’People have had enough’
An activist in Idlib who goes by the name Abu Leyla said ISIS “only benefits the Assad regime,” which has long insisted that all its opponents — peaceful activists and rebels alike — are “terrorists.”
”They have taken over roads from local fighters and then withdrawn, opening the way to the army. They take over border crossings to control arms shipments for the rebels. People have had enough,” Abu Leyla said.
Aron Lund, an expert on Syria’s insurgency, said ISIS’s vision of itself, not as a mere rebel group but as a nascent Islamic state governed by a harsh interpretation of sharia law, has alienated other rebel groups, including less radical Islamists.
”We see what the other groups say — that they’ve given ISIS one chance after another, but that they keep burning their bridges,” said Lund, editor of the Syria in Crisis website of the Carnegie Endowment.
The recently formed Islamic Front and the Syrian Revolutionaries Front, two broad alliances that bring together tens of thousands of opposition fighters, both condemned ISIS on Friday.
”We call on ISIS to withdraw immediately from Atareb [in northern Syria]… and remind them that those who freed Atareb [from Assad’s regime] are those you are fighting today,” said the Islamic Front, Syria’s largest rebel alliance.
The Syrian Observatory for Human Rights, a Britain-based monitoring group that relies on a network of sources inside Syria, said at least 36 ISIS members and supporters have been killed and another 100 have been captured by rebels.
However, the group’s setbacks in Syria came as it advanced in neighboring Iraq, seizing the city of Fallujah and parts of Ramadi in the volatile Anbar province.
Syrian protesters took to the streets on Friday in demonstrations against ISIS that recalled the early days of protest against Assad. In Aleppo they cried: “Free Syrian Army forever! Crush ISIS and Assad!”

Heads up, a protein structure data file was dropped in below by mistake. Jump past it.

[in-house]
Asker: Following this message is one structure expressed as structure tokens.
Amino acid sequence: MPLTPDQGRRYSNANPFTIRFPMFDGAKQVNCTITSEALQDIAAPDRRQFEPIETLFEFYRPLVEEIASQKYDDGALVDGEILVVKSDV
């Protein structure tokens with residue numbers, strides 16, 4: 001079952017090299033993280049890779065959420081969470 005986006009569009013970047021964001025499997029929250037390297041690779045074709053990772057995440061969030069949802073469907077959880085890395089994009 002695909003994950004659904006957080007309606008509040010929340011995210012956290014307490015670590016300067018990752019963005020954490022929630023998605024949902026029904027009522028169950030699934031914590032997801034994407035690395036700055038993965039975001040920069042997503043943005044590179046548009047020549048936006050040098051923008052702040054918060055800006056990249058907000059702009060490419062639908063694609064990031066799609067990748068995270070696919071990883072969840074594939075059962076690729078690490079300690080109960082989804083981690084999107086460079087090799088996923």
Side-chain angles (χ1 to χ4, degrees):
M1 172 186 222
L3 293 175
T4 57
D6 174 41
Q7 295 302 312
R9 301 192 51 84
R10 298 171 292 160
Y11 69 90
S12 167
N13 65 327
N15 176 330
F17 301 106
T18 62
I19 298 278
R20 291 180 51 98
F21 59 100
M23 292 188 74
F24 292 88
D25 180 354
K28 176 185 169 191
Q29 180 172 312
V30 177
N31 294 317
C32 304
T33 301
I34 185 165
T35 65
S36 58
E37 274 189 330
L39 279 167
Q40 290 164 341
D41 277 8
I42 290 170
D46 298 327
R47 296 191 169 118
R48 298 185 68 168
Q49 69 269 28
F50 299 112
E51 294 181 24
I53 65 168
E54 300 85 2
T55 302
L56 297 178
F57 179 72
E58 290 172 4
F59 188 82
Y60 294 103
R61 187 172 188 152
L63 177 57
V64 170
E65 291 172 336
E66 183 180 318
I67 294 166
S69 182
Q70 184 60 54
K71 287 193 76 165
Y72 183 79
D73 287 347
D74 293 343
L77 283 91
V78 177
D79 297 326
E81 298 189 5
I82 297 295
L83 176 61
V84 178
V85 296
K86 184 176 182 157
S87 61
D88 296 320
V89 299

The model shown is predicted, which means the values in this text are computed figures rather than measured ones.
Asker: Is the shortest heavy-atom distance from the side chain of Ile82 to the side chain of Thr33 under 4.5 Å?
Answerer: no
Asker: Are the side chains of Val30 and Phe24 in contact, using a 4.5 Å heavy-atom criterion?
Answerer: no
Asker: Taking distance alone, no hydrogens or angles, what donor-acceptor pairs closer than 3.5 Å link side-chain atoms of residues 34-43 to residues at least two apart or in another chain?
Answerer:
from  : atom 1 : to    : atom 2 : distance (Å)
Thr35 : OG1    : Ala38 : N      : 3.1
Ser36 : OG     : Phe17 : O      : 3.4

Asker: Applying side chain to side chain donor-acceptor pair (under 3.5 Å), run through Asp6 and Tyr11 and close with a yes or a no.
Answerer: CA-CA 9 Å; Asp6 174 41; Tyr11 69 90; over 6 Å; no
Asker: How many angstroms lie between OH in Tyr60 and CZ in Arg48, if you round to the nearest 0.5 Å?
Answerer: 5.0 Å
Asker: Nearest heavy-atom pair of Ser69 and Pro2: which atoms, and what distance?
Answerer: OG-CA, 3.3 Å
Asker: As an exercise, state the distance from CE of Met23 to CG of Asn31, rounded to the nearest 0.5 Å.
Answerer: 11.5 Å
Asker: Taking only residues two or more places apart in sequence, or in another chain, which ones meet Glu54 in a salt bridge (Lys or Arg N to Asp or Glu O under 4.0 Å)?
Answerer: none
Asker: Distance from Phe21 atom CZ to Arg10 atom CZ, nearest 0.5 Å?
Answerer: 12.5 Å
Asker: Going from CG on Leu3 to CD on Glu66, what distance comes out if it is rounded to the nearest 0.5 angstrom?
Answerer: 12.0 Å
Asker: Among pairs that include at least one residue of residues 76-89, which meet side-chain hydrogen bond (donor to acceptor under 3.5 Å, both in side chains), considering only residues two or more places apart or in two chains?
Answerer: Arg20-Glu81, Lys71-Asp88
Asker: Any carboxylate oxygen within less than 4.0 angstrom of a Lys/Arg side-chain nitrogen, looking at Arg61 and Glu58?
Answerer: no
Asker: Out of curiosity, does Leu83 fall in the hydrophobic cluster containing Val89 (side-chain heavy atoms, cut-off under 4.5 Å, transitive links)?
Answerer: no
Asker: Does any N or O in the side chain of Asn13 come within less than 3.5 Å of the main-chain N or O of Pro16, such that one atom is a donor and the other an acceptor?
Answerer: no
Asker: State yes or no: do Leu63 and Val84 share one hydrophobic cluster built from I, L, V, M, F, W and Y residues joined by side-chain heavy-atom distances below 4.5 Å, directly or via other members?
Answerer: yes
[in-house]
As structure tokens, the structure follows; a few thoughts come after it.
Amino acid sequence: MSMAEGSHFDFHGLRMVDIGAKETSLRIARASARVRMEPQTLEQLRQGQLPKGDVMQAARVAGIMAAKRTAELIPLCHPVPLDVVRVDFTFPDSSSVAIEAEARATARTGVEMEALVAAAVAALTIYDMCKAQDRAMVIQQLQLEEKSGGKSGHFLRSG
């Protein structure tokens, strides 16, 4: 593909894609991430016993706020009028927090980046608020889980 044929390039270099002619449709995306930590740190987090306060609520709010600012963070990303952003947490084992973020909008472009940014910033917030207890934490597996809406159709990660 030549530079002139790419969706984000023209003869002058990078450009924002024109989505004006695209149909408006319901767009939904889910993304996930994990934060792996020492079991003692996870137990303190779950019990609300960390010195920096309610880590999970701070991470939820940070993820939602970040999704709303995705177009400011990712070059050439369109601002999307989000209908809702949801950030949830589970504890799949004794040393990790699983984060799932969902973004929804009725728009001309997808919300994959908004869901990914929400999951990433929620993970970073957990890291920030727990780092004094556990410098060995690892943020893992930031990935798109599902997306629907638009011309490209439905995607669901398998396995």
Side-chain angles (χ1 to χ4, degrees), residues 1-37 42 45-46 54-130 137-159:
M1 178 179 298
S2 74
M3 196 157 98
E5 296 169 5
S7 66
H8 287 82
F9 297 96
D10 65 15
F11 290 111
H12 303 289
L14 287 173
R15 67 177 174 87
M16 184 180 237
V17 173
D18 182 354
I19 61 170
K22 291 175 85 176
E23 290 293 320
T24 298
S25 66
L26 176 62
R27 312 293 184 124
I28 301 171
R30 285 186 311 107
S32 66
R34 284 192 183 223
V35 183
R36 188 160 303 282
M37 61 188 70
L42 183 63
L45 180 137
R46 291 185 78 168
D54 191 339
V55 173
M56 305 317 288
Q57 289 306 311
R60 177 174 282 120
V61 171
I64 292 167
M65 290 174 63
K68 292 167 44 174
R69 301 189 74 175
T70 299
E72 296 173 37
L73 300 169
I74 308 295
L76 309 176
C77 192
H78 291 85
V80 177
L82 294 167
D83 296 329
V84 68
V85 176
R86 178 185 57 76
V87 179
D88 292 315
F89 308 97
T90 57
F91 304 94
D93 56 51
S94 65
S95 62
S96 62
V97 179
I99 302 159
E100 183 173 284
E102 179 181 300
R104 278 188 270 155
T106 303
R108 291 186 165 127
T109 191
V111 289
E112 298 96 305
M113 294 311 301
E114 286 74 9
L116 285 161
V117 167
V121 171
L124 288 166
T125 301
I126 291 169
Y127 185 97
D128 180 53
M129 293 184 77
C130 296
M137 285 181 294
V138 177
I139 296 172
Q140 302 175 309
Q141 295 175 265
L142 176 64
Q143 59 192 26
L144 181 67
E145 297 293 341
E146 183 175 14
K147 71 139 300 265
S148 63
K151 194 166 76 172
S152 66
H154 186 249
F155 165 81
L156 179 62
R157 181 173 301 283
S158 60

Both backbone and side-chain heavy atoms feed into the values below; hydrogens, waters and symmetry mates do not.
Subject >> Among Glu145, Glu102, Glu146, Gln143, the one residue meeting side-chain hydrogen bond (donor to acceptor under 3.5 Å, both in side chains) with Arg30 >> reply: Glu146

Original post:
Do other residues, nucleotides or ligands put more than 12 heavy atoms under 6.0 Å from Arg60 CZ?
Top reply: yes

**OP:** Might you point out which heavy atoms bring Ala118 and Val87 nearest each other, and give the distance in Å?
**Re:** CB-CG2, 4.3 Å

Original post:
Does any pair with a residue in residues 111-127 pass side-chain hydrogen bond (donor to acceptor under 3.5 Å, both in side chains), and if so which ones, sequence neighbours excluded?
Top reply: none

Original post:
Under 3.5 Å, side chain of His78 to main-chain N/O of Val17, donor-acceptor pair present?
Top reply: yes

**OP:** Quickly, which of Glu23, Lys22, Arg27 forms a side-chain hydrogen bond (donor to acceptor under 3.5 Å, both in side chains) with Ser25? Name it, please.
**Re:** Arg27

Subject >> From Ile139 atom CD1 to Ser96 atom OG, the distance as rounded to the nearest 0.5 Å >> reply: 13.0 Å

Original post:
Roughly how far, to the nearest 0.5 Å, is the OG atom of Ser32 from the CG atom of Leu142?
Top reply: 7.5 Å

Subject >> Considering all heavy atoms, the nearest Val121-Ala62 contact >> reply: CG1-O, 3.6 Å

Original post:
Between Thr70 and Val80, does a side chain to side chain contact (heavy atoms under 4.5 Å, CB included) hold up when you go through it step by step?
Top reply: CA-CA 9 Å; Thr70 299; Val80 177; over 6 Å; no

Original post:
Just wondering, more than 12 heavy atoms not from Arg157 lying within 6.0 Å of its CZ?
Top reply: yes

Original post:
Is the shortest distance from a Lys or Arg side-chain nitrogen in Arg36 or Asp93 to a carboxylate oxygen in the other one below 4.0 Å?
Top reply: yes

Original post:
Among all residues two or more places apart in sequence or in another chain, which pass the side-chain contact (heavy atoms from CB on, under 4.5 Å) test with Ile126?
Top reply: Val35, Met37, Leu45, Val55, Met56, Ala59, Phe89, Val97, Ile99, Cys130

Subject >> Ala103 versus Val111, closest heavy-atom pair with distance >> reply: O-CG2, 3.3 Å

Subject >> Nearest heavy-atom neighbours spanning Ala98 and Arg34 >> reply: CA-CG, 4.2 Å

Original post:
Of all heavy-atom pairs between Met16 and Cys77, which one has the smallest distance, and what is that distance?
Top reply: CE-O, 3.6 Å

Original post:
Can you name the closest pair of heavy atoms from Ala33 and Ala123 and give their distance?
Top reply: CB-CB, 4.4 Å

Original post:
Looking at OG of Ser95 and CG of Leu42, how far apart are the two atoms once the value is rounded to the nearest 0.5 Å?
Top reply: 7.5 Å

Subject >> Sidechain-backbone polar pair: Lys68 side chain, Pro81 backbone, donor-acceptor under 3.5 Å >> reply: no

The main opposition Syrian National Coalition on Saturday endorsed the fight against “the authoritarian repression” and “Al-Qaeda extremism” of ISIS.
ISIS supporters meanwhile accused the other rebels of betraying the group, with one supporter calling the activists “mercenaries” on Twitter and another saying: “To those of you who stay silent in the face of injustices against ISIS, you’re next.”
’Syria and extremism don’t mix’
Assad has insisted from the start of the Arab Spring-inspired uprising that he is fighting against foreign terrorists, but dissidents say his regime has largely ignored ISIS while going after peaceful activists and more moderate rebels.
They often point to ISIS’s main headquarters in the eastern city of Raqa, which has been spared by the regime’s air force despite heavy bombing campaigns in other areas.
Salman Shaikh, a scholar at the Brookings Doha Centre, said the recent fighting made it clear that “Syria and extremism don’t mix” but that rebels opposed to both ISIS and Assad will need more international support to prevail.
To date, the West has done little to arm the rebels for fear that weapons may end up in the hands of jihadists.
”Many Syrians have given up on the outside world, and have felt the need, despite the risks, to recover their own revolution, alone,” Shaikh said.